Huawei P30 Pro vs Mate 20 Pro: Is the better camera worth it?

The Huawei P30 Pro is the photography king of 2019 (so far). With four cameras and a massive arsenal of advanced features, it’s flashy enough to make you forget about Huawei’s other flagship, the six-month-old Mate 20 Pro.

Huawei P30 Pro review: A phone with superpowers

Huawei Mate 20 Pro review: The best phone for power users

The Mate 20 Pro has almost the same features as the P30 Pro, except for the super advanced camera. On paper, the newer phone should comfortably win, but the Mate 20 Pro could be the better choice for most people due to one simple reason: it’s cheaper.

Let’s begin our Huawei P30 Pro vs Mate 20 Pro comparison.

huawei p30 pro vs huawei mate 20 pro side by side twilight and aurora

The big picture

The Mate 20 Pro and P30 Pro are Huawei’s latest flagship phones. Released every fall, phones in the Mate series tend to offer the best performance and the latest technology from Huawei. Effectively, the Mate is Huawei’s answer to the Galaxy Note. The P series, meanwhile, is designed to counter the Galaxy S line, with one big twist — a strong focus on photography. Phones in the P series are typically built on the same platform as the previous year’s Mate.

Design

P30 Pro

  • 158 x 73.4 x 8.4mm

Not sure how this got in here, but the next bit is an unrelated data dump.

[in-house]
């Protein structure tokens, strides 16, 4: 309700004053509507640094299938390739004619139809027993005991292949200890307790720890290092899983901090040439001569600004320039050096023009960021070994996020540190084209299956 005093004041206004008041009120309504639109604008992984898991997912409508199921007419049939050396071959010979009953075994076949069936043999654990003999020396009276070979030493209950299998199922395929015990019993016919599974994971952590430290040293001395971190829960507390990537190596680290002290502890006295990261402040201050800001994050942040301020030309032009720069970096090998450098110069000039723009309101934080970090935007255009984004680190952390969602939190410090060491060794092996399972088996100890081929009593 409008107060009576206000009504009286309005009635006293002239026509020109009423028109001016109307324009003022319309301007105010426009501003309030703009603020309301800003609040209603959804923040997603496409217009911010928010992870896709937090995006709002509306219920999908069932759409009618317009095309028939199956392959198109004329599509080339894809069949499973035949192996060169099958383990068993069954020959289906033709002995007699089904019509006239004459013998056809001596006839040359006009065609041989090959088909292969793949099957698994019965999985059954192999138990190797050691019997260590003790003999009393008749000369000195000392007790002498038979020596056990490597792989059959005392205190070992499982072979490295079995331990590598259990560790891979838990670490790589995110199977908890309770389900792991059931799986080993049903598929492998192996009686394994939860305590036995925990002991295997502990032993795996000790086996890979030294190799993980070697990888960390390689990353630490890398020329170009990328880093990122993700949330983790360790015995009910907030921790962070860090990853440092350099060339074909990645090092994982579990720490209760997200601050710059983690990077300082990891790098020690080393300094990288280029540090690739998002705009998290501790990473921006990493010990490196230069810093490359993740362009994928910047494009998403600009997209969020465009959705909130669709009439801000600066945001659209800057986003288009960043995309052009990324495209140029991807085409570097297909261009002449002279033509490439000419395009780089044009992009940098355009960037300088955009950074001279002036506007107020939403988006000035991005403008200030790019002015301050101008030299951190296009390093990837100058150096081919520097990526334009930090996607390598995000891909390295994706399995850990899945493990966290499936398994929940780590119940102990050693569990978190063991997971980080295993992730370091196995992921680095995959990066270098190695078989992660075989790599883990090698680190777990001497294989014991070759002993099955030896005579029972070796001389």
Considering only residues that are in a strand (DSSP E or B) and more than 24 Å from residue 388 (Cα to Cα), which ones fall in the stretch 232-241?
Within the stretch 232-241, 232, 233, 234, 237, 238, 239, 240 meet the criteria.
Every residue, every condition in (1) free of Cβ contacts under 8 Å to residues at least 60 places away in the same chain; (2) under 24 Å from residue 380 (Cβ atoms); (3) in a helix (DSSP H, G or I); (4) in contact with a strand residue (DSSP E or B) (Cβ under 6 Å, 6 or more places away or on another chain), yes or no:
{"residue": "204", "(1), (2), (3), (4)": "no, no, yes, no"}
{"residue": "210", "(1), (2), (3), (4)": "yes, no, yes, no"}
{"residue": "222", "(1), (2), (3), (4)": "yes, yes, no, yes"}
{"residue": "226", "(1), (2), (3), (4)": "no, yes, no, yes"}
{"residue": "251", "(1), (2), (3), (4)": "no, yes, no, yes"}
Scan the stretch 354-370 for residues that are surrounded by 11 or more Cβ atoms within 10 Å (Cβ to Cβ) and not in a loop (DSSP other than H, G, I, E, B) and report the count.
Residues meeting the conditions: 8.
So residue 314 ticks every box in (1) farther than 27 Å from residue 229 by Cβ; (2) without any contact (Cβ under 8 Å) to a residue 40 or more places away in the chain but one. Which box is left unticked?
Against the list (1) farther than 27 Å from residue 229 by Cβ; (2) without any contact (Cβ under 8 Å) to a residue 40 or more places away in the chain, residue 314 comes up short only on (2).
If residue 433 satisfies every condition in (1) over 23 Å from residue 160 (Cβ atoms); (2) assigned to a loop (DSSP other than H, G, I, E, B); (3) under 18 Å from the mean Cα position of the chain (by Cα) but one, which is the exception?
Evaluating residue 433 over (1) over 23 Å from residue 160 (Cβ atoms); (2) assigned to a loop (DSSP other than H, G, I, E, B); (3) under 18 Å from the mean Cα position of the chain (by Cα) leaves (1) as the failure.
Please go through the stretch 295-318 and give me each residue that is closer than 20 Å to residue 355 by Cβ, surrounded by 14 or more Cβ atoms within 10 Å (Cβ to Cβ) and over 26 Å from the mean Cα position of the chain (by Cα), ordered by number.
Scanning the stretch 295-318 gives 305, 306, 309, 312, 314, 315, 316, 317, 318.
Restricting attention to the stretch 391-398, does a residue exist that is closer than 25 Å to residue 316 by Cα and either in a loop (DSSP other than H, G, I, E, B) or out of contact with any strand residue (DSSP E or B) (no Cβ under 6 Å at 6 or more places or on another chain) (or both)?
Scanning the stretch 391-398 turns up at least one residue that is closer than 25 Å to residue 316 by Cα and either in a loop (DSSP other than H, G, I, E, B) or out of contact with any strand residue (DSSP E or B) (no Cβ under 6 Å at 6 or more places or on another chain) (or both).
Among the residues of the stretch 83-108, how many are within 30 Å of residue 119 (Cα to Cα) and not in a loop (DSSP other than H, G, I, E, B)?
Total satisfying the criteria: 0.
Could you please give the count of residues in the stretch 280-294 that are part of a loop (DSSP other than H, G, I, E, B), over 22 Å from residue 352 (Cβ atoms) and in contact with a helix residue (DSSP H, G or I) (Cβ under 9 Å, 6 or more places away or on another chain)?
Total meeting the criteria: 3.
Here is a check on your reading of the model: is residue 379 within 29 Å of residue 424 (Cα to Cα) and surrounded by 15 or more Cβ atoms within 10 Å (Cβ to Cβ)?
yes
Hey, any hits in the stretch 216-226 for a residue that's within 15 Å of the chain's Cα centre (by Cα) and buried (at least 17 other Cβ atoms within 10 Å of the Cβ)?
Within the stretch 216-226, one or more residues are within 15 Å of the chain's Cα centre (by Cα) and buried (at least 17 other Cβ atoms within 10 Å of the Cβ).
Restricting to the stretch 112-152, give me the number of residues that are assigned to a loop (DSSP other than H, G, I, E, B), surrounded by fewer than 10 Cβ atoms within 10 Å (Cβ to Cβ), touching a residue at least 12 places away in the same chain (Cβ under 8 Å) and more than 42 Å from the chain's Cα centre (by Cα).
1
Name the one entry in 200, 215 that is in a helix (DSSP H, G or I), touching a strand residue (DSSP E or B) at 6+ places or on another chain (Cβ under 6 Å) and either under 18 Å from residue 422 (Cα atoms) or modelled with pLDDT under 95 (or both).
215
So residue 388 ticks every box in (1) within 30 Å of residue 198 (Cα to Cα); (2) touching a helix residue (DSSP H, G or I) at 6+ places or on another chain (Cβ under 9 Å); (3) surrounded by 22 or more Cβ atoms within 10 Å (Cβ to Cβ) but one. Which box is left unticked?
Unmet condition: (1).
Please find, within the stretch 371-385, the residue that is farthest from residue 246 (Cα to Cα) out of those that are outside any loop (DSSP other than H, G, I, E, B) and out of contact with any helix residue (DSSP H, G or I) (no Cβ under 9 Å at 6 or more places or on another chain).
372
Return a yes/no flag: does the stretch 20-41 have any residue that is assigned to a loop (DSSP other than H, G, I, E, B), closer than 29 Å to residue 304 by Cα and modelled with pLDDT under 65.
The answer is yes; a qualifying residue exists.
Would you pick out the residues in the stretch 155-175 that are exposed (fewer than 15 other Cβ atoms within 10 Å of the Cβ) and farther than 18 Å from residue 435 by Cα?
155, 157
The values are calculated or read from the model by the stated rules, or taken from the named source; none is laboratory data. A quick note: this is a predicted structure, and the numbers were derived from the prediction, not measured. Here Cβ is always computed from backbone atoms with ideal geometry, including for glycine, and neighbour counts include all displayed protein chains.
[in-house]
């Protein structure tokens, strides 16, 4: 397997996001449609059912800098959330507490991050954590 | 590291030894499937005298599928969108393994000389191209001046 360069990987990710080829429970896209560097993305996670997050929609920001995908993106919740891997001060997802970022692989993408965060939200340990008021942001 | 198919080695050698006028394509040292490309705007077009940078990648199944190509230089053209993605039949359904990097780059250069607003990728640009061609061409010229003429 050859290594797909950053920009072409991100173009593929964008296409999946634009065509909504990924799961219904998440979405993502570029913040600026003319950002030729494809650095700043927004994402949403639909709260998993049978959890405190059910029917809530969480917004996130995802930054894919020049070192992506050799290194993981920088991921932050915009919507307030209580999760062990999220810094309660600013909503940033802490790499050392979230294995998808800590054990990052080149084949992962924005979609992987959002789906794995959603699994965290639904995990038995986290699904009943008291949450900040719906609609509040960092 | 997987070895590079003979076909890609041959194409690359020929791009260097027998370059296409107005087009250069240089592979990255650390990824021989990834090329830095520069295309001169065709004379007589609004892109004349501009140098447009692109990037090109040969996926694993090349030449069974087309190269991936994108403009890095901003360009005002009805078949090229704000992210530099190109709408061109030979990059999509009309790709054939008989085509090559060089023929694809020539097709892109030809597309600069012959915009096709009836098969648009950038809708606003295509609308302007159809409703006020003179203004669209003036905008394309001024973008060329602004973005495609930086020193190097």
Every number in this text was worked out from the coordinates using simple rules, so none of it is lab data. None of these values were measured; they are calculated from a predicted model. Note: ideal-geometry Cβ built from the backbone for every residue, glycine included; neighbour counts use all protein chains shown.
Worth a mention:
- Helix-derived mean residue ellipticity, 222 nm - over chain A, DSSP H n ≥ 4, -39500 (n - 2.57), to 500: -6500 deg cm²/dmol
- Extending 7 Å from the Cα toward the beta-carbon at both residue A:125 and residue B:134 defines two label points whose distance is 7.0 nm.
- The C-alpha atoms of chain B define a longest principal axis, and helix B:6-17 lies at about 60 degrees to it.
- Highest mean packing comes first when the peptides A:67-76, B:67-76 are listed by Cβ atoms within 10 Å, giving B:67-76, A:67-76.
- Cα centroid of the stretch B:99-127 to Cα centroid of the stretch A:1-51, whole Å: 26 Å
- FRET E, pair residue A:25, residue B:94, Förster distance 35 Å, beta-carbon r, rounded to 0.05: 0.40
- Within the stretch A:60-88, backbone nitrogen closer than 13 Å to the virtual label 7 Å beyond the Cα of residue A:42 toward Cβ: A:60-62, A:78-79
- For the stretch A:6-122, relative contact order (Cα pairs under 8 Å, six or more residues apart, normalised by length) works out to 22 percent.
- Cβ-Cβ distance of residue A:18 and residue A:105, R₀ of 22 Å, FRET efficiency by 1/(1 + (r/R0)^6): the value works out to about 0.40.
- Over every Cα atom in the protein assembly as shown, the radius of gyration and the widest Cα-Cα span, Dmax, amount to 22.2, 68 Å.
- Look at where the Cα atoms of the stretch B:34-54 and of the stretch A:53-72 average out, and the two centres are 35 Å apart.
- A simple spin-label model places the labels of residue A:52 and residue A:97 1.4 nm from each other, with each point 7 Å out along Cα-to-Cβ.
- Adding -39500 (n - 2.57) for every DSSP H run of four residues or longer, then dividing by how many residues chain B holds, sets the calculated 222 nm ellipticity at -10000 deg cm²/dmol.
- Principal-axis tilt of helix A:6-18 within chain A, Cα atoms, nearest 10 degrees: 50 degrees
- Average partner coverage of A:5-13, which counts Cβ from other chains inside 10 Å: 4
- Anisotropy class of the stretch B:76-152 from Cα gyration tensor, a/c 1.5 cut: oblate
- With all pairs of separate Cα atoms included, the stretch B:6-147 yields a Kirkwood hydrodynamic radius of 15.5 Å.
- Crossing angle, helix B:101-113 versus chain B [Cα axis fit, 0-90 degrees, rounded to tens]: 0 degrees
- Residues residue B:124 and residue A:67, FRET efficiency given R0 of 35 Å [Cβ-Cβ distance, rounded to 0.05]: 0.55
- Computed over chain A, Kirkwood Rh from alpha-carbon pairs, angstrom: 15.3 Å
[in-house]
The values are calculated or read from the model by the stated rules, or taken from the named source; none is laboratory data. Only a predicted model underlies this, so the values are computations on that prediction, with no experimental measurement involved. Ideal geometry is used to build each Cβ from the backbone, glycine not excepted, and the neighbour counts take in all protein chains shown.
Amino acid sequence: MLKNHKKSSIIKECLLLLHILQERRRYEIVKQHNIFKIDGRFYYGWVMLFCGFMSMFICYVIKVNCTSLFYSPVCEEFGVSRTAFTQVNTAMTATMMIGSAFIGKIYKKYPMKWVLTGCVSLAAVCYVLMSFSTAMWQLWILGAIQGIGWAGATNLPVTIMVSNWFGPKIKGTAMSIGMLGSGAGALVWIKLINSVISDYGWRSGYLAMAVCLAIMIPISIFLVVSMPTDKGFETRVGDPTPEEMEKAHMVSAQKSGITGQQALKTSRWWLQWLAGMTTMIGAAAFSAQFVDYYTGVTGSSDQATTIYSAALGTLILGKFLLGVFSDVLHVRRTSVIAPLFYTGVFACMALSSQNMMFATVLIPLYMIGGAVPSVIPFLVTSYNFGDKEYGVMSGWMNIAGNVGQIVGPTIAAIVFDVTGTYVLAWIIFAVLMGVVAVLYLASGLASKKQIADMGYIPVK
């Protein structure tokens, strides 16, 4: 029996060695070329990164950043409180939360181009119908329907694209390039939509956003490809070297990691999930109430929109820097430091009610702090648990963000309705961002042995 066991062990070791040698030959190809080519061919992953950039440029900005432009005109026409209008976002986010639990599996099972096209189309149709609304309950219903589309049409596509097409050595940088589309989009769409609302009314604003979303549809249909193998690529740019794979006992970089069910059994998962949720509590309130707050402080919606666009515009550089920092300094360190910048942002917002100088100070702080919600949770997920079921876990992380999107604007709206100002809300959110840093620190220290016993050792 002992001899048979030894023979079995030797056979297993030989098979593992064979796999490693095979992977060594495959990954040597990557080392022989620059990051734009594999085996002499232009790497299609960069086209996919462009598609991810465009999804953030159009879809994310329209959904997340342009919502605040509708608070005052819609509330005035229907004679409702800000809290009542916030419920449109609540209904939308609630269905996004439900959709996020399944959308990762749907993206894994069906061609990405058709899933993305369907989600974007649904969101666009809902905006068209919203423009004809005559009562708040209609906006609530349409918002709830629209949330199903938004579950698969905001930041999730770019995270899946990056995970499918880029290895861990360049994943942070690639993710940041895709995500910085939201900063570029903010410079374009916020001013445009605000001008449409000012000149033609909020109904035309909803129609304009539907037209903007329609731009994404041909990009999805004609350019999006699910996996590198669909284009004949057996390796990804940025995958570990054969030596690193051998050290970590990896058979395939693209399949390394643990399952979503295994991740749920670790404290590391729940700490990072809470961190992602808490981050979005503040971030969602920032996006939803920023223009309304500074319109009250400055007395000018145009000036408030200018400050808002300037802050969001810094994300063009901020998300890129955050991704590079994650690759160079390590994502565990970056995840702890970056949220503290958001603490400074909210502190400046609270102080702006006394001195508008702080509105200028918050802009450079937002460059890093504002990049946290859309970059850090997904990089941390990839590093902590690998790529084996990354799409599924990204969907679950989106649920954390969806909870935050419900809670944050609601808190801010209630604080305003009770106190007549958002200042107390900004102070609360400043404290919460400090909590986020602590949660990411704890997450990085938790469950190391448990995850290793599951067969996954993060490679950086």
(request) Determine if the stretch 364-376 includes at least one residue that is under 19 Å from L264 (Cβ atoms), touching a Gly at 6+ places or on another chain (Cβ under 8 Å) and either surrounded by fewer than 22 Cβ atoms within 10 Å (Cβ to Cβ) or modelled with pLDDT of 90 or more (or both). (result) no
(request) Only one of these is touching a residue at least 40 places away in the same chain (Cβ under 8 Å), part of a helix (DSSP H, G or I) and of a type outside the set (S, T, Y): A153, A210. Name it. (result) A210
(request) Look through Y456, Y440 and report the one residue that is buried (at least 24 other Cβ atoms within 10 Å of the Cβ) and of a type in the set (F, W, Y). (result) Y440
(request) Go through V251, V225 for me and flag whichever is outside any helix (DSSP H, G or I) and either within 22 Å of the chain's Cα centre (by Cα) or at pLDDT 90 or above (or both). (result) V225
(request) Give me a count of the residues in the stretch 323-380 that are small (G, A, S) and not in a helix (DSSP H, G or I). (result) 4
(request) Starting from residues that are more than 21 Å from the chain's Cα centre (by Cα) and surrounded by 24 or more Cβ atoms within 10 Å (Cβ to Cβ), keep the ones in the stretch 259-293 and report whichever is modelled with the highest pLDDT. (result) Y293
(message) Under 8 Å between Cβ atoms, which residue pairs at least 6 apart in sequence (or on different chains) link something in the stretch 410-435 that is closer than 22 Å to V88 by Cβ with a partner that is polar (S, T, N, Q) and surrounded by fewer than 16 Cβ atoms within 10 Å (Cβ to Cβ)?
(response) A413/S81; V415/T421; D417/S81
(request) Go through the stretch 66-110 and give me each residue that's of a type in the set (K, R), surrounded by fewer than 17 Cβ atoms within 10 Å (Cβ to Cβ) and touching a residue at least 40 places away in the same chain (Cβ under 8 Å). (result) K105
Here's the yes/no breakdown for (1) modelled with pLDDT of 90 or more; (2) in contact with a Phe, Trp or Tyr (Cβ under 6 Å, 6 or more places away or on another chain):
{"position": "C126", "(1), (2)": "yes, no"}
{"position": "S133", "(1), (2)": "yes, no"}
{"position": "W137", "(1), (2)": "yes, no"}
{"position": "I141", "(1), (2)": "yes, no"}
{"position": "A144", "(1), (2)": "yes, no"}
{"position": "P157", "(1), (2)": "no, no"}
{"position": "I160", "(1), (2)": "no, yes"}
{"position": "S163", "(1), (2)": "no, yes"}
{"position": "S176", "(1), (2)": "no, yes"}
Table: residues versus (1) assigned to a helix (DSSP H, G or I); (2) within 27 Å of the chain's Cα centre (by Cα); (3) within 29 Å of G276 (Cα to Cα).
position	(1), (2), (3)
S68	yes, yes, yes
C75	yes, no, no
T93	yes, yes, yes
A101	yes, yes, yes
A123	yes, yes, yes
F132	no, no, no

• 192g

Mate 20 Pro

  • 157.8 x 72.3 x 8.6mm
  • 189g

P series phones used to be smaller than Mates, but the trend towards larger screens has chipped away at the difference. This year, the P30 Pro eclipsed the size of the Mate 20 Pro, which itself is quite a handful. On a side note, if you can’t stand large phones the Huawei P30 may provide some relief, though you won’t get quite all the bells and whistles from the P30 Pro and the Mate 20 Pro.

huawei p30 pro vs huawei mate 20 pro side by side in hand 23

The P30 Pro is a millimeter wider than the Mate 20 Pro, and you can actually feel it. I find the Mate 20 Pro to be easier to hold and handle. Its top and bottom edges are pleasingly tapered. The P30 Pro’s bottom is much flatter, so it doesn’t sit as comfortably in the hand.

The Mate 20 Pro feels nicer in the hand, but the P30 Pro arguably looks nicer

Both phones feature notches, but they couldn’t be more different. The Mate 20 Pro’s notch is wide and packed with sensors. The P30 Pro goes the minimalist route and it’s an improvement, in my opinion. Visually, the small “water drop” notch is less intrusive and it doesn’t mess with the status bar as much. All your icons are in their “usual” place, which is not the case with the Mate 20 Pro’s cramped status bar.